MINNEAPOLIS (AP) — One of seven men awaiting trial in Minnesota on charges of plotting to travel to Syria to join the Islamic State group admitted Wednesday that he knew its members had carried out beheadings, taken hostages and raped women, but he believed they were fighting evil and he wanted to join anyway.
Hanad Mustafe Musse, 19, pleaded guilty in U.S. District Court to one count of conspiracy to provide material support to a foreign terrorist organization, specifically, the Islamic State group. Musse admitted to meeting with his co-defendants several times to plan travel to Syria. He said he made two attempts himself, but was stopped.
"I have committed a terrorist act and I'm guilty of it, your honor," Musse told U.S. District Judge Michael Davis. Musse faces a maximum of 15 years in prison; a sentencing date has not been set.
Musse is among a group of men arrested in April and charged with terrorism-related offenses. Authorities described them as friends in the state's large Somali community who recruited and inspired each other and met secretly to plan their travels. Another co-defendant was arrested earlier this year.
Musse's guilty plea could signal more to come. Defense attorney Marsh Halberg, who is not connected to this case, said it's common that once one person in a conspiracy flips, there is a cascading effect and more plea deals follow.
Authorities have said about a dozen people have left Minnesota to join jihadi groups in Syria.
In court Wednesday, Musse admitted that he and his co-defendants were part of the conspiracy, along with two others: Abullahi Yusuf, who has already pleaded guilty in the case and is cooperating with the government, and Abdi Nur, who traveled to Syria in May 2014.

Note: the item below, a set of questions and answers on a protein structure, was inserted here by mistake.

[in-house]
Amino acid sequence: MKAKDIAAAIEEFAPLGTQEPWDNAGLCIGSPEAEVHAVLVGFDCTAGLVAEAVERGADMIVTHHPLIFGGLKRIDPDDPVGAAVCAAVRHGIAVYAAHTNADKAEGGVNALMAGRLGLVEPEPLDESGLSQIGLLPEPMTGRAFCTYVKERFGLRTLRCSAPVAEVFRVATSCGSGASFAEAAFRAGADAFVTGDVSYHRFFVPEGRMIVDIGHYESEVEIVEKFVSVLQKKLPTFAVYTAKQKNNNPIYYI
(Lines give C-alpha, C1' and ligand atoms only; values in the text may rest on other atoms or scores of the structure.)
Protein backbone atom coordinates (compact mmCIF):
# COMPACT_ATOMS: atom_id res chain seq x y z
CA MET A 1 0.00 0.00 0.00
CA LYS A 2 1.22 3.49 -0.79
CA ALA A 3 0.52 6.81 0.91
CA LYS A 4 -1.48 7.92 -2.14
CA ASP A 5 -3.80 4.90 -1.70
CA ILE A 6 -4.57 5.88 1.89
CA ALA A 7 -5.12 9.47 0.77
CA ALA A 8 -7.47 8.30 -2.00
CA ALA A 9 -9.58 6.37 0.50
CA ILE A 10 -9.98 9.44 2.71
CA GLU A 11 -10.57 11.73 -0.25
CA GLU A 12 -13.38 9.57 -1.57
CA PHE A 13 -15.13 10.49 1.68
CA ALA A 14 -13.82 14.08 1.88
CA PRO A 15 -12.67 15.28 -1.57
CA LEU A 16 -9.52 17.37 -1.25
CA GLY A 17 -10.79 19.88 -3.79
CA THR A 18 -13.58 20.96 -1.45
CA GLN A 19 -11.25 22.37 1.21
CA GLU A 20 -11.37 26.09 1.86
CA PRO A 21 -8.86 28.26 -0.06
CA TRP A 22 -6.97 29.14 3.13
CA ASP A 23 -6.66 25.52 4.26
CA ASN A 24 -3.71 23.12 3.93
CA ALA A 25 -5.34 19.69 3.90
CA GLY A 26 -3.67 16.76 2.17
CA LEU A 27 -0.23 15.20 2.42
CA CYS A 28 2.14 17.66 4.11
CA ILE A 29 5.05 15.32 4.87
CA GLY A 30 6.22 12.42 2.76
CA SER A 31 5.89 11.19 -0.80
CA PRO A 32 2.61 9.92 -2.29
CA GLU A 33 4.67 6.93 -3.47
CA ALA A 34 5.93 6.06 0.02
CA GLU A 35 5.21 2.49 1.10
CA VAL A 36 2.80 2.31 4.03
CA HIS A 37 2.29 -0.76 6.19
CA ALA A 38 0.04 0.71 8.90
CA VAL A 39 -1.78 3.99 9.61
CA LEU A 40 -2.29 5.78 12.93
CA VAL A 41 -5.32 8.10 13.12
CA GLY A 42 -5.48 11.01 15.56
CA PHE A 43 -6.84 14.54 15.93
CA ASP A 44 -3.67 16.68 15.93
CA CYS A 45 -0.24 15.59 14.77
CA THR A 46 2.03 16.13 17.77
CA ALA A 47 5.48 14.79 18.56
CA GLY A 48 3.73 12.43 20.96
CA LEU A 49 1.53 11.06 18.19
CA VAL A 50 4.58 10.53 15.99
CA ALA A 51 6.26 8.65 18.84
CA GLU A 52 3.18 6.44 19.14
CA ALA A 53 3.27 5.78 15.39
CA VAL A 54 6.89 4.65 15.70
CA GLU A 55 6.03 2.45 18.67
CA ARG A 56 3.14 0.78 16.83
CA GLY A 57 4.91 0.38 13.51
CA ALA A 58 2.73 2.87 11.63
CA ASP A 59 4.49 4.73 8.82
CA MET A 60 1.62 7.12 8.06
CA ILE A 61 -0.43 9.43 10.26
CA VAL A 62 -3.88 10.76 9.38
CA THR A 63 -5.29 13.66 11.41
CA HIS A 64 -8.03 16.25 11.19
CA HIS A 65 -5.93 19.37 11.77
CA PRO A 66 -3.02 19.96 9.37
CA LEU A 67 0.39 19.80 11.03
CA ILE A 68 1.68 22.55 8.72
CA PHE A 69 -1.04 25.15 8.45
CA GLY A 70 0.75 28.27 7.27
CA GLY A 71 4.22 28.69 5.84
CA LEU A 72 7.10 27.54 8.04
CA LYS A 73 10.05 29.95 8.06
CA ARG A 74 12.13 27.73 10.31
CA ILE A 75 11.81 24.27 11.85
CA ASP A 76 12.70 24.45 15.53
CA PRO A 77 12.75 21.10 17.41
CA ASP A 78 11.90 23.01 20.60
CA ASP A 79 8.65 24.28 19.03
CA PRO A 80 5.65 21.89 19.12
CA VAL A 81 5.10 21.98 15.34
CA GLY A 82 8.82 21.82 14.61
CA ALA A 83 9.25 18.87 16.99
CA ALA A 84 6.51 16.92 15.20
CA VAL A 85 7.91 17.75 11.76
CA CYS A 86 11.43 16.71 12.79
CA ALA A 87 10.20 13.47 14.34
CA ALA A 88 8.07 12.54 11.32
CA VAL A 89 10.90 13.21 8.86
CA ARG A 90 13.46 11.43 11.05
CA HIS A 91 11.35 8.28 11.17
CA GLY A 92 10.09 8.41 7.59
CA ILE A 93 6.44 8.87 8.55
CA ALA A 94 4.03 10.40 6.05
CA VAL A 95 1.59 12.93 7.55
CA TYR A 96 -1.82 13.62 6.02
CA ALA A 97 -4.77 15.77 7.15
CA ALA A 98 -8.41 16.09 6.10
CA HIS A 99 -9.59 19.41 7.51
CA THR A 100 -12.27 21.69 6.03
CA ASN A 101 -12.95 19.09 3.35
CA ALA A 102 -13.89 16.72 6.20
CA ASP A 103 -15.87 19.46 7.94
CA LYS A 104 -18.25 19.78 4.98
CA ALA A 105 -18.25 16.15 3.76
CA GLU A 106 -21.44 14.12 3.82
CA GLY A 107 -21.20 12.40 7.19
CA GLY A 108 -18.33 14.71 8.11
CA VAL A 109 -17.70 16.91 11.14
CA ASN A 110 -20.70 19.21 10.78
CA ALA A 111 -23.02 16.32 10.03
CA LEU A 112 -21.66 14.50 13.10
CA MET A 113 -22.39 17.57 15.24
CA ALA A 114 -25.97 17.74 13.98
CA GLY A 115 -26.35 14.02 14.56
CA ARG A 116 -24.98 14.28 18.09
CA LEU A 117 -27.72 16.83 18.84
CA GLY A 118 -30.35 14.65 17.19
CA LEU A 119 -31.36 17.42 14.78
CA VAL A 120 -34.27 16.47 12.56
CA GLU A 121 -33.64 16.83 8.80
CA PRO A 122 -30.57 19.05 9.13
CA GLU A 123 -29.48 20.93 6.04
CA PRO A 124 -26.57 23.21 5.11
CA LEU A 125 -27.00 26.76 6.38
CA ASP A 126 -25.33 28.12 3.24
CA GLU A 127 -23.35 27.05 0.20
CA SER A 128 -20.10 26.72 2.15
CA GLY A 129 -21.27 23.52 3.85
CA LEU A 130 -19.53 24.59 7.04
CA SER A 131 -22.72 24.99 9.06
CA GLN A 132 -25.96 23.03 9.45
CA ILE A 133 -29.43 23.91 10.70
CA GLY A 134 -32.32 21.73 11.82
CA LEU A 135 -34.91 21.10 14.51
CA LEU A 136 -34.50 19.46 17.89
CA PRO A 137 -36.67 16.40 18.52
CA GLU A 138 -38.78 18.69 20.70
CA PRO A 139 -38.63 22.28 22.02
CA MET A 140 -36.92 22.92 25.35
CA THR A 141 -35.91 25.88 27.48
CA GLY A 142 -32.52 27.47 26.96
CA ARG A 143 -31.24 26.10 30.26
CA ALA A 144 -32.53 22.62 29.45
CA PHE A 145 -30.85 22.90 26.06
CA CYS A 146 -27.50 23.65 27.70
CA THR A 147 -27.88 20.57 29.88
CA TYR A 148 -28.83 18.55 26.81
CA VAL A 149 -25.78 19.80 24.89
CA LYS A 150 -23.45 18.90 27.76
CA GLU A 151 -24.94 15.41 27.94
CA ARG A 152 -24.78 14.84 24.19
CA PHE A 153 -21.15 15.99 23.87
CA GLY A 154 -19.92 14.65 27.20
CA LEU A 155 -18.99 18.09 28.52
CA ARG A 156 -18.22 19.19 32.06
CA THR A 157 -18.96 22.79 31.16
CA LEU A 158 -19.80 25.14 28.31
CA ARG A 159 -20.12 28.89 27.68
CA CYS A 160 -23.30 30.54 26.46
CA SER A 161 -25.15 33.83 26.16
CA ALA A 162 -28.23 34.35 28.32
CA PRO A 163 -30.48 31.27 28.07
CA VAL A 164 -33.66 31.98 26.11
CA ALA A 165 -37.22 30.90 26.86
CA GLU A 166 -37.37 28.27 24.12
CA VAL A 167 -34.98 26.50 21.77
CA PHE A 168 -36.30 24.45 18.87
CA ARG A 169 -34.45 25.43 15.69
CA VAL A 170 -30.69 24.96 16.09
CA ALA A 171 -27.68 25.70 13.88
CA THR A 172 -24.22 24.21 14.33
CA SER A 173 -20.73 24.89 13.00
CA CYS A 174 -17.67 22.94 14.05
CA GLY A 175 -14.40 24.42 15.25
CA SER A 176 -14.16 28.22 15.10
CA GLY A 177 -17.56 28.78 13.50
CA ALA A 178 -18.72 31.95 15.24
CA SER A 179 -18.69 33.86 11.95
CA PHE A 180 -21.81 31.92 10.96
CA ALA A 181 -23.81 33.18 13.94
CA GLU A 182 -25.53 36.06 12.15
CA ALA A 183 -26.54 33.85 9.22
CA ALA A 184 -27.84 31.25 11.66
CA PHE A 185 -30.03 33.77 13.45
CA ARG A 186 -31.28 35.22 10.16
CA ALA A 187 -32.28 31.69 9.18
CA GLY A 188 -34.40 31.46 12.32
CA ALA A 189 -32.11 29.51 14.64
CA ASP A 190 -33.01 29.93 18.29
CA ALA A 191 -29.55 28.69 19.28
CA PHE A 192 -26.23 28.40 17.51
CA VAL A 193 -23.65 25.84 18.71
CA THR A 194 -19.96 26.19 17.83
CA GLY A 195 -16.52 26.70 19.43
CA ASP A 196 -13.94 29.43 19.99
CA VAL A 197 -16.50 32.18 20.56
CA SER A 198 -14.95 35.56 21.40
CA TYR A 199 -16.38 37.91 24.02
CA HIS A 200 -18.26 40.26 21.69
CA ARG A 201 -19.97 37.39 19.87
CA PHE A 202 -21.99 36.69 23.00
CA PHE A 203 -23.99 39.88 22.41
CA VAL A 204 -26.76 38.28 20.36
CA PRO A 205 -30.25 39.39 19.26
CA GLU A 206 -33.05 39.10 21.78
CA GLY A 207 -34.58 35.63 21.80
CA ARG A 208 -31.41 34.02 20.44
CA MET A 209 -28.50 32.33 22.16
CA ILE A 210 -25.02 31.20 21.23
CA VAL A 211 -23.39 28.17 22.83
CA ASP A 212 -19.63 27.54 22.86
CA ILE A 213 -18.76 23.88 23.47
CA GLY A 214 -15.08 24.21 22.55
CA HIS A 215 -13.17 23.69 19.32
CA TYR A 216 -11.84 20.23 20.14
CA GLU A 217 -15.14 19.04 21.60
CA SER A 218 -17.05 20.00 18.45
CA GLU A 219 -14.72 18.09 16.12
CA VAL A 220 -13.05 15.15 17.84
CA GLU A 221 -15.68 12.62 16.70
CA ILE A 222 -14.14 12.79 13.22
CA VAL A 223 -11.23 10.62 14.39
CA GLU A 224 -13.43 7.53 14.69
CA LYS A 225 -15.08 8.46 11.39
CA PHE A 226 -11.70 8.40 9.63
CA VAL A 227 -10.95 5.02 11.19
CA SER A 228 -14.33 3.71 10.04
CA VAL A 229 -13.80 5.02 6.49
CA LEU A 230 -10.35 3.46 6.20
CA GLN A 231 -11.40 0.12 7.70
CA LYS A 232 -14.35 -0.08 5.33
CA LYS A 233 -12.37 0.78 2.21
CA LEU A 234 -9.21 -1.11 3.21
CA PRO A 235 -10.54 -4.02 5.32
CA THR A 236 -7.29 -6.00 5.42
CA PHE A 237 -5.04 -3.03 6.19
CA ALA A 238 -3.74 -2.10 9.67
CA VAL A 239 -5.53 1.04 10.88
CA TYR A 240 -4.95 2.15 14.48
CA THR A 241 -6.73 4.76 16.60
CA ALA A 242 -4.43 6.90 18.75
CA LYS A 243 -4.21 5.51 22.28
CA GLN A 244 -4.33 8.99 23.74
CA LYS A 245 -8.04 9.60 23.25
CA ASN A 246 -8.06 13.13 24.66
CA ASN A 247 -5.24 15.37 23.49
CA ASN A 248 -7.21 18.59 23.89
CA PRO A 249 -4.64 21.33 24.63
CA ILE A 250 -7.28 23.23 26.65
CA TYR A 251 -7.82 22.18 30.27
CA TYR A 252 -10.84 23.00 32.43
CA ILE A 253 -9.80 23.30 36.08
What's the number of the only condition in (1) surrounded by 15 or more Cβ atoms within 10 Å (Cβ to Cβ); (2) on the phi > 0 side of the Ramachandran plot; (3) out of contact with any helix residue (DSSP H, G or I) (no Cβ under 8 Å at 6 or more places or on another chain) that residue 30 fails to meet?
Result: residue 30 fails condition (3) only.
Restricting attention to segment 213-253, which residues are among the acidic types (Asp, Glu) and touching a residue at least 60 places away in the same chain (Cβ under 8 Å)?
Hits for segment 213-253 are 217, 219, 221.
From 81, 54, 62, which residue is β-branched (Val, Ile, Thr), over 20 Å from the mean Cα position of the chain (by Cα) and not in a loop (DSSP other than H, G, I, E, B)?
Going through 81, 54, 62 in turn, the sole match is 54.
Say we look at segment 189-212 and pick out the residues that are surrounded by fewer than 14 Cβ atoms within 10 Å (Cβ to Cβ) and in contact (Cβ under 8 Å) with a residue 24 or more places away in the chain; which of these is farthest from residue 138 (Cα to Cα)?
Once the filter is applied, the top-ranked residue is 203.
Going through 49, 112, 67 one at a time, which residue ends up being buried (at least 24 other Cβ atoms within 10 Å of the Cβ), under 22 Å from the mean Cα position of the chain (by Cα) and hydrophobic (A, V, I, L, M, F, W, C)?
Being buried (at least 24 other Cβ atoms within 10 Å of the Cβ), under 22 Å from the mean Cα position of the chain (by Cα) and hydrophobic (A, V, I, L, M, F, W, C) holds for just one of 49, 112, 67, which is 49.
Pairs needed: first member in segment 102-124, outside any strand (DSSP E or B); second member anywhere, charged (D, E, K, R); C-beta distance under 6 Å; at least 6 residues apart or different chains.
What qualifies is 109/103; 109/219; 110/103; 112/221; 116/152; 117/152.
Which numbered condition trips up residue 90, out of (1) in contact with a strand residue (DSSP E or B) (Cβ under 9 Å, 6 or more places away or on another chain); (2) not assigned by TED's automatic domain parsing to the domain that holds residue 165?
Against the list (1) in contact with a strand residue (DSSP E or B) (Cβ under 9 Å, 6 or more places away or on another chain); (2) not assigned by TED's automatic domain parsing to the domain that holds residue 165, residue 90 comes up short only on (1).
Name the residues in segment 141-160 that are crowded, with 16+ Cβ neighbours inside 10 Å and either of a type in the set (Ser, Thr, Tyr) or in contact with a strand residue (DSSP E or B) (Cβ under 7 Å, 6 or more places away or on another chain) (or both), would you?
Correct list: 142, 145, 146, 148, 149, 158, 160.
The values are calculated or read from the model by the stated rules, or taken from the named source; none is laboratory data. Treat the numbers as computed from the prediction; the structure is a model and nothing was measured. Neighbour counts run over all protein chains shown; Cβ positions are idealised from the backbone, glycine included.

Musse said Nur is his cousin, and that he knew as early as June 2014 that Nur had made the trip.
Musse said he knew the Islamic State group was a terrorist organization, but he still wanted to join it. He said he learned about the group through its online propaganda, and he viewed the group's members as freedom fighters who are saving the oppressed people of Syria.
Musse admitted that he and three of his co-defendants went by bus to New York City last November and bought tickets for overseas travel at JFK Airport. Musse said he booked a flight to Athens, Greece, and intended to go to Syria from there.
But Musse was stopped from traveling and returned to the Twin Cities.
In the winter and spring of this year, Musse said, he and others continued discussing travel routes and ways to pay for their trips. Musse told Davis the group met more than 10 times. Because some group members had already been stopped, the men discussed getting fake passports.
Musse gave a picture to one of his co-defendants so a fake passport could be made. The plan was to head to California, then Mexico, and go to Syria from there. But that effort was stopped by Musse's father.
"My father came up to me and he confronted me about our plans and he told me not to leave, and I listened to him," Musse said. He added that he listens to his parents as he is supposed to, but then said: "I still wanted to go."
"I made this decision out of true confusion" Musse said.
U.S. Attorney Andy Luger, who attended the plea hearing, said in a statement: "The facts set forth in Mr. Musse's guilty plea underscore the length and breadth of this criminal conspiracy."
Luger said youths in the Minneapolis-St. Paul area continue to be the targets of an intense recruiting campaign by the Islamic State group. He said parents, religious leaders, teachers, community leaders and authorities must work together to end the cycle of recruiting.
The plea deal came on the same day Luger and members of the Somali community announced implementation of a plan to combat recruiting through mentoring programs, job opportunities and other initiatives.
Musse's attorney, Andrew Birrell, had no comment after the hearing. Birrell said in court that as part of the plea agreement, the government agreed not to prosecute Musse on additional offenses.
Under the plea deal, one count of attempting to provide material support to a foreign terrorist organization and one count of financial aid fraud will be dismissed. Musse, a college student, admitted he used his federal financial aid to fund his attempted travel.
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